I also do believe a lot of the players really care, they just may not be as adept at showing it as those like Jason Perry. For example, in terms of commitment Kevin McNaughton is unquestionable, frankly if he never acknowledged the fans in anyway I wouldn’t care because of what he performances show. I also think that while undoubtedly being very self-interested and constantly realistic as regards their careers, players like Bothroyd and Chopra particularly do care and it would mean a great deal to them to go up with Cardiff, the club that has essentially ingnited both their careers.
    As we move upwards it naturally becomes harder to identify with the players, after all most we have now are products of years of sheltered nurturing in academies rather than being figures basically similar to the average fan on the terraces with more ability. When it comes down to it though, worse trench allies or not, I’d take the last 3 years of watching some of our sublimely talented players over the years of enthusiastically committed garbage in Division 3 (as was) any day!

  7. I think your piece strikes several cords with many city supporters in terms of how they feel about following this team at the moment. All the points raised above are all contributory factors (number of loan players, expectancy, sterile new stadium etc). Interestingly I was talking to a mate over the weekend about this and recalling the high expectancy levels around the 92/93 promotion winning team. I’m sure we were pre-season favourites and spent more on transfers than anyone else in league but boy did it feel different following that team. Every away game seemed like an occasion culminating in that Wrexham game which in the days leading up to it was as nerve racking and tense as you could possibly get. However the atmosphere in the away end that day was anything but – there was a genuine sense of camaraderie and spontaneity amongst our support something which is sadly lacking today.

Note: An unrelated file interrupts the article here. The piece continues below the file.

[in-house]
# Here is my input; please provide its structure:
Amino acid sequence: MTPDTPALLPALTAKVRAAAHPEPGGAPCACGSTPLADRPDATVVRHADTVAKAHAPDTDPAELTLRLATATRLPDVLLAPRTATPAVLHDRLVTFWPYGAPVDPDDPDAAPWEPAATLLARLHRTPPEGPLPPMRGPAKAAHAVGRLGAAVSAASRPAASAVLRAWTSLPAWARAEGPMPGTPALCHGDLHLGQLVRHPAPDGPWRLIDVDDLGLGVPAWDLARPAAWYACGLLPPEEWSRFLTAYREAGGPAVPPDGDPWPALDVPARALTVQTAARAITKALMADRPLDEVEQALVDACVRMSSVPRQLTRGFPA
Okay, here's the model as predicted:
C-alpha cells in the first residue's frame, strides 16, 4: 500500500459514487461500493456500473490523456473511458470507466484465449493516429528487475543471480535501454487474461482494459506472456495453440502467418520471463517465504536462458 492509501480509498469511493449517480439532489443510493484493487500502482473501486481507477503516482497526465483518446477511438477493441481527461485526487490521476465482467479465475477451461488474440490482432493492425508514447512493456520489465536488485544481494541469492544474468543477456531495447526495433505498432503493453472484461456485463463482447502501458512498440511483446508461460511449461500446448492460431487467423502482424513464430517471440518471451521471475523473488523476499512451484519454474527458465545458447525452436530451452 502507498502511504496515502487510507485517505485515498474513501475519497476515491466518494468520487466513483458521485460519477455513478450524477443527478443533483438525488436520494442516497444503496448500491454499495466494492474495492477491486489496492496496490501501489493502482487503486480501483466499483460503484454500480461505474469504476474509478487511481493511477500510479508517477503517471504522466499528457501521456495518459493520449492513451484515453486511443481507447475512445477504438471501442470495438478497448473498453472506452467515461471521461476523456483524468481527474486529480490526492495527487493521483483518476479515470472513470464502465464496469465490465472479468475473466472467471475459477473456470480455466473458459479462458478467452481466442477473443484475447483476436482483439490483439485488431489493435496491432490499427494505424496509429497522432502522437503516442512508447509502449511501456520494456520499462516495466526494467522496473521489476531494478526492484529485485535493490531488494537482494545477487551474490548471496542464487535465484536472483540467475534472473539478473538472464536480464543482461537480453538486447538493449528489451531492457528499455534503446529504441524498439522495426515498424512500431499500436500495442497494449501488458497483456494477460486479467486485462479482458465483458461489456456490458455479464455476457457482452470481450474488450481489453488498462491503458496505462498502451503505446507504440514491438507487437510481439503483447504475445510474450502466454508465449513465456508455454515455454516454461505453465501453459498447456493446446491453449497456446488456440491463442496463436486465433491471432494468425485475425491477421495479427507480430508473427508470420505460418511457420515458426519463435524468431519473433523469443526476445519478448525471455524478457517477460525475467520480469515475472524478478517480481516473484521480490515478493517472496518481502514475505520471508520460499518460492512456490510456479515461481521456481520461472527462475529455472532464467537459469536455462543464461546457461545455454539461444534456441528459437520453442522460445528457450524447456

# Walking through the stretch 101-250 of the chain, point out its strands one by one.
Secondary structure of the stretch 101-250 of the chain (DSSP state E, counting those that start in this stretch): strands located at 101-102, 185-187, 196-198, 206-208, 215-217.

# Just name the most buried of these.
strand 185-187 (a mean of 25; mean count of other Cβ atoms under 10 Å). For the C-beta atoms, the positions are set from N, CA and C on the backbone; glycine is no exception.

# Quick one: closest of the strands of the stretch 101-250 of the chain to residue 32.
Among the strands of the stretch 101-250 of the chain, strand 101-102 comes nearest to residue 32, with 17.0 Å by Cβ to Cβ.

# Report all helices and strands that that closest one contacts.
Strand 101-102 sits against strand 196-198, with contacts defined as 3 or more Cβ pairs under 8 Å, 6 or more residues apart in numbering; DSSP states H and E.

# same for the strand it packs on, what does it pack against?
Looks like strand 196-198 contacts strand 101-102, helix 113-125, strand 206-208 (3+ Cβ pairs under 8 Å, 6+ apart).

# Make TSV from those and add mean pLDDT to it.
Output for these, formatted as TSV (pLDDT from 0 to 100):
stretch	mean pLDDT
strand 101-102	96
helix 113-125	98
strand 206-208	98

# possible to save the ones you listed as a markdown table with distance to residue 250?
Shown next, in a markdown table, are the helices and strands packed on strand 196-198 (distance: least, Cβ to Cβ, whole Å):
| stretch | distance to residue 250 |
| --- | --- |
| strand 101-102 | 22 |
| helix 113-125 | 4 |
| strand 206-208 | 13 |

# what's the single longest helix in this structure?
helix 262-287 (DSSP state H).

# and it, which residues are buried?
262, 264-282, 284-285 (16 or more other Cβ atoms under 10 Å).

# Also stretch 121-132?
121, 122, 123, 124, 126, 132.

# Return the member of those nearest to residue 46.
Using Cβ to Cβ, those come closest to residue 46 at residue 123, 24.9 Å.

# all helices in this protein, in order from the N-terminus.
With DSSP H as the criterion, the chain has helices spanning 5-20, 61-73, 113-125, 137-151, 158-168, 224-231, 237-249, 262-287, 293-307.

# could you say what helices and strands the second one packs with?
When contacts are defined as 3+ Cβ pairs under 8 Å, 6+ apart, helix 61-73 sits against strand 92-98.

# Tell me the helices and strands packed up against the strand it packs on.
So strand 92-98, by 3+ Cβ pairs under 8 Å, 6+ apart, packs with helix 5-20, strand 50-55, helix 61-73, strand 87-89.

Personally I trace this expectancy thing back to our last season at Ninian and could see it coming at the time. There was a period when we were filling Ninian and were (surprisingly) chasing down that second automatic spot that I felt a sense of what it felt like towards the end of that 92/93 season. However our dramatic collapse that season and move to the new stadium coupled with its inevitable sanitising effects was always going to change the feel of supporting the club. This malaise took on a whole new level at the play off final last year. How poor were our supporters that day in terms of noise and atmosphere?

    My fear for this team if they go up is their lack of cohesive spirit, something which we will need in far greater quantity to survive in the Premiership than to get promoted into it.